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Work it, work it, work it!

Your Humble Blogger spent a year as a classroom parent in a Waldorf-y School, and took to heart the rule that a grupp, when passively overseeing (that is, not in charge but there when necessary) his child playing in a group setting, must be engaged in handwork of some kind. For me, this is knitting; I am not terribly good at sewing, so if I took mending in to such a setting, I would have to focus on it to the point where I wouldn’t really be there for the kids. Also, not a whittler. There are those who might think that whittling would not be a good activity for a parent in a room of two-, three- and four-year-olds, but those people have not been indoctrinated into the particular mind-control scam that is a Waldorf School, and also may not have attempted to control such a group without making it clear that you have a sharp knife and know how to use it.

Digression: Every time I refer to the Waldorf School as a creepy mind-control scam, I feel obliged in fairness to point out that the Montessori School is a creepy mind-control scam, as are our public schools (both whole language and phonics), and home-schooling is perhaps the creepiest mind-control scam of all. Not to put too fine a point on it, education is a creepy mind-control scam, and could be a lot worse than getting kids to play with driftwood and rocks. End Digression.

So, now that the Youngest Member is three-and-a-half, he is attending group activities of one kind and another two or three times a week. And I bring my knitting. And I am the only one to bring hand work. No sewing, no mending, no crocheting or quilting or beadwork or cross-stitch or scrimshaw or naalbinding or passementerie. No, the other parents watch their kids and chat with idle hands, which of course are the devil’s proverbial.

Now, YHB isn’t writing this to condemn these parents, or to gripe about the decline of western whatsit—I mean, of course I am to some extent just venting. But I am wondering if it’s just that YHB fell under the control of the creepy mind-control scam when I was at a vulnerable point in my parenting career. Or if it’s that my own mother was always knitting, and never went anywhere without something to work on. But I have a sense that people do still knit and sew and so on. I mean, surely every household has a pile of mending. Is it considered terribly rude to bring a shirt to the library’s playtime and sew the buttons back on? I know nobody needs to hem handkerchiefs any more (thank goodness), and on the whole I think it’s a Good Thing that Young Ladies no longer are expected to be constantly embroidering tacky decorations on everything in sight. But still. People do handwork, right?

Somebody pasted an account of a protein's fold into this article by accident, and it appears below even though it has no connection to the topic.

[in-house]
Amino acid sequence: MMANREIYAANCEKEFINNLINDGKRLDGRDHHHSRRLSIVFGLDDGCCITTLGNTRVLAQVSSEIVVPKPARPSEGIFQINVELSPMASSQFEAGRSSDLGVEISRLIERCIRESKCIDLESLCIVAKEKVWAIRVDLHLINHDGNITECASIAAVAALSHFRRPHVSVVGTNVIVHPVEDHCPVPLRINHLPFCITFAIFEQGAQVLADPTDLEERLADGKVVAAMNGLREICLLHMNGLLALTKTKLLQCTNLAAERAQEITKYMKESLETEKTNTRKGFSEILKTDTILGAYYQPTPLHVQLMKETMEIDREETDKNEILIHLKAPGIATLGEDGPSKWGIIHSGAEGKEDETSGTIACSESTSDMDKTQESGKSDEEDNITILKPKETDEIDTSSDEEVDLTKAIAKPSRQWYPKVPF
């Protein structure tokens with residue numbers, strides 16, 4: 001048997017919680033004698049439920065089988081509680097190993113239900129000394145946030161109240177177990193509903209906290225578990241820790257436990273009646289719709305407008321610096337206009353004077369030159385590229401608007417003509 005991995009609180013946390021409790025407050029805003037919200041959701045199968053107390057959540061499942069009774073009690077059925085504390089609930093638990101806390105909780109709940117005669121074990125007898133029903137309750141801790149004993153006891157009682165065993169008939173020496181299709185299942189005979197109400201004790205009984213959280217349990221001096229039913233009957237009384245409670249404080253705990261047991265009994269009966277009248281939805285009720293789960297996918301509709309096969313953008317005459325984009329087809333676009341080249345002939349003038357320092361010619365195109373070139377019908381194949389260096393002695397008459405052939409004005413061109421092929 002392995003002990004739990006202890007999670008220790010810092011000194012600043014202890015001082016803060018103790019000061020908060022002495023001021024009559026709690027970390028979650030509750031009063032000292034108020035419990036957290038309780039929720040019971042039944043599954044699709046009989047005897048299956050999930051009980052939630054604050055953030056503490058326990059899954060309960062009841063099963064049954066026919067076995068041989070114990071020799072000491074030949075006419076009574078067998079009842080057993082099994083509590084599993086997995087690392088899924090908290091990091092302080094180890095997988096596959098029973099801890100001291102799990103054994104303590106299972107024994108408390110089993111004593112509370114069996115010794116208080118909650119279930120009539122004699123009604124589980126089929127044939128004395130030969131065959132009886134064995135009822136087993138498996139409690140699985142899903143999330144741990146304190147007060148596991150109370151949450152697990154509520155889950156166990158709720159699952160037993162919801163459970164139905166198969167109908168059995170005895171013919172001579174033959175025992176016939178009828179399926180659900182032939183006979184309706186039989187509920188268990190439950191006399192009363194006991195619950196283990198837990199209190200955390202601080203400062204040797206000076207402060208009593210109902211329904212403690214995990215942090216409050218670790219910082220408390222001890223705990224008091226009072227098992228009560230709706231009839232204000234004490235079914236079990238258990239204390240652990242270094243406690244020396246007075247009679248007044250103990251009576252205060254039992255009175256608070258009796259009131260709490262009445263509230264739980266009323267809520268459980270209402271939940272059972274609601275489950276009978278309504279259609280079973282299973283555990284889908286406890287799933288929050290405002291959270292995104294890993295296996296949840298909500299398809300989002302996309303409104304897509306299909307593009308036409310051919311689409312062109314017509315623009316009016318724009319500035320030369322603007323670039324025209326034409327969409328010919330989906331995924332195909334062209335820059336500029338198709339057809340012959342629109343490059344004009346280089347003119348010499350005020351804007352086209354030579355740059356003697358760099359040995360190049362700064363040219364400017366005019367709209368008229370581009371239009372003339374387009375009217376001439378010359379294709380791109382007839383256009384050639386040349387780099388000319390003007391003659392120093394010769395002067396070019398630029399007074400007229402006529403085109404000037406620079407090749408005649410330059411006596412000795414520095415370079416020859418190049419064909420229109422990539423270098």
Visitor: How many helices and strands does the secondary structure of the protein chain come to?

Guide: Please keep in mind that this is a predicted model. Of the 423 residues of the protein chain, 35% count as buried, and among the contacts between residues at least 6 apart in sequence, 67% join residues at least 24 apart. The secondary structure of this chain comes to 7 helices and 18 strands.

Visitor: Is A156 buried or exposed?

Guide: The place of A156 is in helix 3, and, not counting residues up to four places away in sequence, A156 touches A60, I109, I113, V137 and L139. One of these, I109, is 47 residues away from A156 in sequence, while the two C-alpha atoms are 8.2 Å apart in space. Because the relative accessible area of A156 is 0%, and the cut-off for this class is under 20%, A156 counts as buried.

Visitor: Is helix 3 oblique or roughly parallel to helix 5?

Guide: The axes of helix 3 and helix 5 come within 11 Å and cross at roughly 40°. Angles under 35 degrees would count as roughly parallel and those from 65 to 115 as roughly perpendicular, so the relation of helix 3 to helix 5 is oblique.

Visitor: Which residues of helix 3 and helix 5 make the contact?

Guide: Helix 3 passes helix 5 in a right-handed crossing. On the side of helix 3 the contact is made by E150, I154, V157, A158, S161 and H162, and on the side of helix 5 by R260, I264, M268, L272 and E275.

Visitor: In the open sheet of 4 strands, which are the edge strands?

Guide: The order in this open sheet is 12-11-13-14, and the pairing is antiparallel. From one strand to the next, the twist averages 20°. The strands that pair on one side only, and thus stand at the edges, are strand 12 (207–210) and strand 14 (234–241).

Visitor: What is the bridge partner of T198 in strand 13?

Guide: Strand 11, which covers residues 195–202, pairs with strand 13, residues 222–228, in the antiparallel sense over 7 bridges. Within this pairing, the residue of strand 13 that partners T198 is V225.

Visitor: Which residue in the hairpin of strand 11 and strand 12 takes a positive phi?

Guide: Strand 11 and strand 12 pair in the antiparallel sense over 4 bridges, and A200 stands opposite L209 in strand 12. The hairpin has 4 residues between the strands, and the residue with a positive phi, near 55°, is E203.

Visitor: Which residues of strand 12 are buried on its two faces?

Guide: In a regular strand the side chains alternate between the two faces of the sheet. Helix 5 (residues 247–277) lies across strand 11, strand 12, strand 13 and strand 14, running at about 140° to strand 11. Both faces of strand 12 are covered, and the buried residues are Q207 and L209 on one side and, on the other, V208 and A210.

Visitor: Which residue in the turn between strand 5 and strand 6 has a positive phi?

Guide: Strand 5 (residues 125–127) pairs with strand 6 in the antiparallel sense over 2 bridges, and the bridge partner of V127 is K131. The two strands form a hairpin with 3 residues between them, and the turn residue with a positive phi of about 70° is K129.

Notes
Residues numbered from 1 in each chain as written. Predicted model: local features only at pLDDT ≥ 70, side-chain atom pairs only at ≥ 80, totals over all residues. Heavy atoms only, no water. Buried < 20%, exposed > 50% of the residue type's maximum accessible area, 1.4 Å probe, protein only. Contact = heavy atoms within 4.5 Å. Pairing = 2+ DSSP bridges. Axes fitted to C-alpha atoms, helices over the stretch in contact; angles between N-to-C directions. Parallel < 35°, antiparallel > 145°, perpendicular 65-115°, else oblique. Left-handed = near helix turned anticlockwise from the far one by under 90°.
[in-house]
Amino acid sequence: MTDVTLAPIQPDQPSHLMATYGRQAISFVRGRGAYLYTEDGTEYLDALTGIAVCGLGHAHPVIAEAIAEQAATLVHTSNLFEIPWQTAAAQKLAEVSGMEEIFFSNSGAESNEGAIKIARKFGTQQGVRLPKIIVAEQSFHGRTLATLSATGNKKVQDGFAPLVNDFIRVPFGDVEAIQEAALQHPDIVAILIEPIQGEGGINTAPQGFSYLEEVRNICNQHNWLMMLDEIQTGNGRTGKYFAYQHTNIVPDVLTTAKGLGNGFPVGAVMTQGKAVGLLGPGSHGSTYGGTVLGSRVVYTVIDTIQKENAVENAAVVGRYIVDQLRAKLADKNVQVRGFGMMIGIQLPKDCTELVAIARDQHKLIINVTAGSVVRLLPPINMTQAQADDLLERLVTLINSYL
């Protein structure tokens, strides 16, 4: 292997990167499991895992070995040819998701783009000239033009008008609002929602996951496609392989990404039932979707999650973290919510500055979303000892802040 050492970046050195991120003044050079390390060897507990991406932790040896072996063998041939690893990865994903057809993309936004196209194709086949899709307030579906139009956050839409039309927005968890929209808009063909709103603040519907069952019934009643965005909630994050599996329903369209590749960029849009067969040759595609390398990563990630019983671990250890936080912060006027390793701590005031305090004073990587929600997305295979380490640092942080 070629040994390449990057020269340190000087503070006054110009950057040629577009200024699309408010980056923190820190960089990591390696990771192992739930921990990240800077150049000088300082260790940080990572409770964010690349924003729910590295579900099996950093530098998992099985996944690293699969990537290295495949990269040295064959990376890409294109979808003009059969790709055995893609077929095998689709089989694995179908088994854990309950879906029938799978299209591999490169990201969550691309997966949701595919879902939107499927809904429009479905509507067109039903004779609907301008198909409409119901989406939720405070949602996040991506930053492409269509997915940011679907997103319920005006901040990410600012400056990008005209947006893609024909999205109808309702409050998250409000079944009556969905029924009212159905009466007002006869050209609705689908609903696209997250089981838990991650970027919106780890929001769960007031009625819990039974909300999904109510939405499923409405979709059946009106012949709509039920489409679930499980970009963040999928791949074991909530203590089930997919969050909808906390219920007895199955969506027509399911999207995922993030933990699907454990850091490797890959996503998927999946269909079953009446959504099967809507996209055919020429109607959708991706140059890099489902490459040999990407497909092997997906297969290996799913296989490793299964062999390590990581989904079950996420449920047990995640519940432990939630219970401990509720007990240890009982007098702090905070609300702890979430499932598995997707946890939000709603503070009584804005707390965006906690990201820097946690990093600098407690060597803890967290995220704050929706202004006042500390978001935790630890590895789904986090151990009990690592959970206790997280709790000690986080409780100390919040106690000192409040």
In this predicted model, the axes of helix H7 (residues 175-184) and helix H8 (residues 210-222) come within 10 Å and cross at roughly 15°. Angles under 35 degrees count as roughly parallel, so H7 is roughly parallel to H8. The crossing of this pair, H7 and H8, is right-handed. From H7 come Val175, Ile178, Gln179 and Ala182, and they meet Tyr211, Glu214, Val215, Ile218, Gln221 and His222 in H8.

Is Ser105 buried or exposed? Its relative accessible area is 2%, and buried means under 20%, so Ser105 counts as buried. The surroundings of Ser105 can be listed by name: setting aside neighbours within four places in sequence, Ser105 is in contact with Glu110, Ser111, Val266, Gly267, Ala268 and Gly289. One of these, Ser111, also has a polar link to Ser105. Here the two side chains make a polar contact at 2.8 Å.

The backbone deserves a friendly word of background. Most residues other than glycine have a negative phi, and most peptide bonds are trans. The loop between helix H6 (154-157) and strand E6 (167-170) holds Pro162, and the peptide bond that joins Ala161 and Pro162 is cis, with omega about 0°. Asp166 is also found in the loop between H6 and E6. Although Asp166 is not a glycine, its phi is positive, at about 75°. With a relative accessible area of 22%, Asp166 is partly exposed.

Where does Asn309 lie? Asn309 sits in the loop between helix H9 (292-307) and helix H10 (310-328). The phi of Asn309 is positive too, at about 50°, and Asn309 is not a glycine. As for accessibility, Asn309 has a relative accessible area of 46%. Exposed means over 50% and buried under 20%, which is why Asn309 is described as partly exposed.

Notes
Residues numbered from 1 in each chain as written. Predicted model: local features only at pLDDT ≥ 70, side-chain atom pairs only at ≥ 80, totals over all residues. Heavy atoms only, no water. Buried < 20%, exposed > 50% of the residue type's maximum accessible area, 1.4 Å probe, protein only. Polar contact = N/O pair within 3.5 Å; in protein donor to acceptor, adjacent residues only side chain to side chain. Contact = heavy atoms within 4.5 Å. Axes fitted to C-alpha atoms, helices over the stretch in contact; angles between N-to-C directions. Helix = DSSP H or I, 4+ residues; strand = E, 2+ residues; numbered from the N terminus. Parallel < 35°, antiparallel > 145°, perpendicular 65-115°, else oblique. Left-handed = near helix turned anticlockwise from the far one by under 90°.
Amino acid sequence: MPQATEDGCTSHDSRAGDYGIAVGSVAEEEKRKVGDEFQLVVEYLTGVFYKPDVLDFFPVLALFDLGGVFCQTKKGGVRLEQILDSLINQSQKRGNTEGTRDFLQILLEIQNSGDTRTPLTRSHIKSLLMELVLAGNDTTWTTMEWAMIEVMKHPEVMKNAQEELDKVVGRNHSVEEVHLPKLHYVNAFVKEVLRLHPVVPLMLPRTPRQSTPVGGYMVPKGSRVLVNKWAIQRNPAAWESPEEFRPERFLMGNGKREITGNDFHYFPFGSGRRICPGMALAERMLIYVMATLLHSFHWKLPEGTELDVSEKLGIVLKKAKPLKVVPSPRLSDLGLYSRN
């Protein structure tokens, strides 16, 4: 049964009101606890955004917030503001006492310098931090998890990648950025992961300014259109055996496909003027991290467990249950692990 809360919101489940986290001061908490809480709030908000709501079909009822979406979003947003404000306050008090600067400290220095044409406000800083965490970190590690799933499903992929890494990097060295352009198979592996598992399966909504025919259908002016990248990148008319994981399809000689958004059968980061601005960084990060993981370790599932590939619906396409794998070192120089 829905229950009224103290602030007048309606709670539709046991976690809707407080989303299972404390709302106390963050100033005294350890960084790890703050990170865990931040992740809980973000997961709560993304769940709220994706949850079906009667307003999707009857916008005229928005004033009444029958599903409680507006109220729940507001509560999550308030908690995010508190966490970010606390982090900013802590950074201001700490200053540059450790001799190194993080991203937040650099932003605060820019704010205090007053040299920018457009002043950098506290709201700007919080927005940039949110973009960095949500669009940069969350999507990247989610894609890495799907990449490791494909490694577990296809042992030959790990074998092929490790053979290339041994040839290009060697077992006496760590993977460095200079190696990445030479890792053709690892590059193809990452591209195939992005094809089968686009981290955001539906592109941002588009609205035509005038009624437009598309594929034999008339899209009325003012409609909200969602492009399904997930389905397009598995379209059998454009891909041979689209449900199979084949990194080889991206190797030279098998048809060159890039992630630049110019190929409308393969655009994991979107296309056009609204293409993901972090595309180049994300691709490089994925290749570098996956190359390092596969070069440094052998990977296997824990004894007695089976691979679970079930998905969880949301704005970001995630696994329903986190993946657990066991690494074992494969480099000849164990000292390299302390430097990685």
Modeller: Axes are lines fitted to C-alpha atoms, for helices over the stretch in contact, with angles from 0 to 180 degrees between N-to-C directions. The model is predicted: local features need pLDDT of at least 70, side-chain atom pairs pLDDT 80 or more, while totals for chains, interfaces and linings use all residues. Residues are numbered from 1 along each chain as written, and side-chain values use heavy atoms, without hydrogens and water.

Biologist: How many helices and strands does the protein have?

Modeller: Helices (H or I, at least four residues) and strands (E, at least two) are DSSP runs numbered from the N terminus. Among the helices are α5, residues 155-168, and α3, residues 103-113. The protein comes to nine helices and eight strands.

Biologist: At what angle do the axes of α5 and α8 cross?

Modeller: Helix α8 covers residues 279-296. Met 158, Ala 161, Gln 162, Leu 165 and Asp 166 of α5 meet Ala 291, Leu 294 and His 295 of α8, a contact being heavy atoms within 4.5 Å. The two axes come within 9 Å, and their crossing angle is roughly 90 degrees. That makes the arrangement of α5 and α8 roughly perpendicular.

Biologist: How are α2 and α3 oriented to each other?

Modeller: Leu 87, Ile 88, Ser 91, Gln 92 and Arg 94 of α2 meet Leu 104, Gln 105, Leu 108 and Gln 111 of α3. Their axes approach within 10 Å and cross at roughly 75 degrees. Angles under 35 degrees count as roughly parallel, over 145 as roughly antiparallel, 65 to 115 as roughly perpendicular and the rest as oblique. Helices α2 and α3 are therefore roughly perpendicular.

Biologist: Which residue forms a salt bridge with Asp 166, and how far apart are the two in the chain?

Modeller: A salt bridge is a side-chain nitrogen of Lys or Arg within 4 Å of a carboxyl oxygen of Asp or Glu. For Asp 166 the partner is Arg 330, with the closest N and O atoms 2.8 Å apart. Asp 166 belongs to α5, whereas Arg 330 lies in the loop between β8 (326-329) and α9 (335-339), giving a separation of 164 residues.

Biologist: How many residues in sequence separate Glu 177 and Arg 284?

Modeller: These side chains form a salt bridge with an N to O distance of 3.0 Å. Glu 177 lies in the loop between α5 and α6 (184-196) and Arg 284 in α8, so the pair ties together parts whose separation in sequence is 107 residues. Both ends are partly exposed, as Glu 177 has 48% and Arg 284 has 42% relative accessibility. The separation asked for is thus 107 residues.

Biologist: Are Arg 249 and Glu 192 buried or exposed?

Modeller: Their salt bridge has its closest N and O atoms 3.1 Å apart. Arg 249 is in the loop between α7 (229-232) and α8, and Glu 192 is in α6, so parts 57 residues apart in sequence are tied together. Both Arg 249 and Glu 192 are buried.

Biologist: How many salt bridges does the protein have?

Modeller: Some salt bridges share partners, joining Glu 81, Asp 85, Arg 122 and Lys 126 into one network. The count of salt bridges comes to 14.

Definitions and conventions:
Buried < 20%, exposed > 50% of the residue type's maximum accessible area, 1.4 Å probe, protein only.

And, of course, being usually the only male parent in the room as well as the only parent doing handwork (even the historically and intrinsically masculine art of knitting), I feel particularly conspicuous. Which is all right, I am used to feeling conspicuous. I quite like it. And I can feel virtuously conspicuous when pre-schoolers peer at me industriously knitting away. If I am not actually a good role model, at least I am widening the experience base to the eventual betterment of these kids. And I should add: I have never heard a negative comment about my knitting in these kinds of situations. I’m not saying people don’t mock me, but they don’t do so in my hearing, and probably not in the hearing of the children, who are small pitchers with big ears. So that’s all right.

Tolerabimus quod tolerare debemus,


It is rare that I don't have emergency knitting or spinning or crochet with me. Useful for watching T at homeschool group (hah, yes, mind control!) Useful for waiting to pick up my prescriptions at Costco. Useful for expected and unexpected moments of waiting.

People do comment on it. There are three general classes of remark: "Oh, I should start carrying my knitting, too!" "I don't think I'd have the patience for that." (Look, lady, it's what's giving me the patience to wait in line,) and "Look, Bernice, she's sewing!" (Or whatever incorrect handcraft they decide I must be doing. I've heard of people thinking that people using spinning wheels were weaving. What's worst is when they decide that they know better than the person who is actually making something, which happens more frequently than you might think. Ack.)